Long before Barbie and Ken, with their hard, angular bodies and outrageous wardrobes, there were soft, cuddly, unpretentious rag dolls which crept into the arms and hearts and beds of little girls all over the world. And for that matter, into those of their mothers before them.

Alta with a small family of completed and half-finished rag dolls.

One such mother is Alta Pretorius, a resident of Fisherhaven, who has never lost her love of these little creatures, each with its own personality. She could tell her doll all her secrets and in turn, the doll would regale her with tales of her own breath-taking adventures.

In the fullness of time, Alta herself had two little girls (and a boy), each with a rag doll, and on long road trips to the sea for their holidays, Alta would keep them spell-bound as she recounted these stories. A journalist by trade, story-telling came naturally to her and she was able to reel off one escapade after another. 

But, as children do, her girls grew up, one eventually settling in the UK and the other in New Zealand and they, in turn, had daughters of their own, too far away for Granny to take them on road trips, but she could make each of the two little girls in England a rag doll of their own.

By that time, Alta herself had had many adventures in the media and business worlds, far removed from rag dolls. After a stint managing the Cape Coast Business Chamber in the Mother City, she took a high-powered job at the South African Chamber of Commerce and Industry in Johannesburg, and at last, when she and her husband ‘retired’ to Hermanus, she ran the local Business Chamber, followed by the Hermanus Tourism Bureau.

Alta’s two little English grand-daughters, Robin and Emma Rose with their three beloved rag dolls.

Yet, through all these years, somewhere at the back of her mind, those rag dolls and their stories still lurked and when she retired ‘for real’ to her little cottage in a magical garden in Meerensee, they suddenly popped out of hiding. She had always enjoyed sewing (in fact, in her day, she had won several awards for her skill with a needle) and realising that her grandchildren were growing up very quickly – the ones in New Zealand were already teenagers by then – she decided to make the little girls in England, Emma Rose and Robin, a rag doll each. As she says, “I exchanged my lap top for a lappop.”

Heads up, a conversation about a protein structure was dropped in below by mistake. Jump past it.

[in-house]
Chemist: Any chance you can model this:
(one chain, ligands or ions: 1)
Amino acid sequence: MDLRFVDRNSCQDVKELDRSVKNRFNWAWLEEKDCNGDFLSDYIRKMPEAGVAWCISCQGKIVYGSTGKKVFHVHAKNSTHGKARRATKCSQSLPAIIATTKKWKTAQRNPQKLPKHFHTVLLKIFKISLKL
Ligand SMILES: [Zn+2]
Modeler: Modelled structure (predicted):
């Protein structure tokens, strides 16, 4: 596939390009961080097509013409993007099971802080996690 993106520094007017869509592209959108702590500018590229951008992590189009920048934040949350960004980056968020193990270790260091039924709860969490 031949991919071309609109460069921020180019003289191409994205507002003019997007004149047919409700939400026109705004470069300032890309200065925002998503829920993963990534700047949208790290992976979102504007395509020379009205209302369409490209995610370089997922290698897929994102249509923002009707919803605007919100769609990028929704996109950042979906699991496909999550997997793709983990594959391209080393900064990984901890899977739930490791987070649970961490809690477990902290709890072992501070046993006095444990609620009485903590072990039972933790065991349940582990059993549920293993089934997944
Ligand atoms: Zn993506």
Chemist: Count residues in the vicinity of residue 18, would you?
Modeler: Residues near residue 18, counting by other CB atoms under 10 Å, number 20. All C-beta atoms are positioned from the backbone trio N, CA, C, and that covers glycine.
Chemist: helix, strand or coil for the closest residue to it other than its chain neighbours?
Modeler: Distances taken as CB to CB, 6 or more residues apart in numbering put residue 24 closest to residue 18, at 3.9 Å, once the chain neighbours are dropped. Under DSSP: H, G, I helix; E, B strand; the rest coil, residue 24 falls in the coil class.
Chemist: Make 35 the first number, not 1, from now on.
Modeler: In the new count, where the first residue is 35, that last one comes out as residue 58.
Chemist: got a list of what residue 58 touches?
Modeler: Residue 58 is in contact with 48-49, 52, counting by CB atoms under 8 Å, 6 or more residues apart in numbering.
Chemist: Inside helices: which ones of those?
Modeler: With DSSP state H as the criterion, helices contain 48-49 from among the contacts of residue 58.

Then, based on the joy the dolls were bringing her granddaughters, she thought, “Perhaps there are other grannies wanting to give their grandchildren the pleasure of owning a rag doll, so I just started making one and then another and another…” 

And as someone who had been involved for so many years in the stimulation of entrepreneurship, she made a point of buying all her materials locally. Each doll she made had its own identity and personality and as she worked on them, they told her their names. After a doll was completed she put a photograph of it on her facebook page and not only did they fly off the page, but she received orders, too, even one from America.

But then something else began to happen. As the dolls took shape in her hands they began to tell her not just their names but their stories as well. So, why not write them down for her grandchildren and perhaps for other children to read as well? Alta’s daughter, Jeanette, in London produced the lively, brightly-coloured illustrations and in June this year, Rosy Ragdoll in Deep Water (Rosie Lappop in Diep Water) saw the light of day. 

Self-published by Alta, the 68-page story written in rhyme in both English and Afrikaans was named after Emma Rose, her granddaughter (with a nod to her own maiden-name: Roos). So excited was eight-year-old Emma Rose that she immediately took it to school and read it to her whole class. Not to be outdone, her three-year-old sister has already insisted that the next story must bear her name.

Alta’s book, illustrated by her daughter, Jeanette.

And the next adventure is already buzzing around in Alta’s head. It will include a boy doll as well, and will be set in the Kruger National Park. Like the first book, it will be aimed at children between the ages of two and 10. The books, ideal gifts for that special child, can, as with the dolls, be ordered on Alta’s facebook page, but, in addition, they are available at the Book Cottage in Hermanus, where one of the dolls is selling them. Alta has a book for adults knocking on the door as well, but for now, she says she is thoroughly enjoying playing with dolls again.

For more information, visit Alta’s website, www.wordpress.storiesalta.com or her facebook page, storybooks2love. She can be contacted by email on storiesalta@gmail.com. or on cell 073 5383685.

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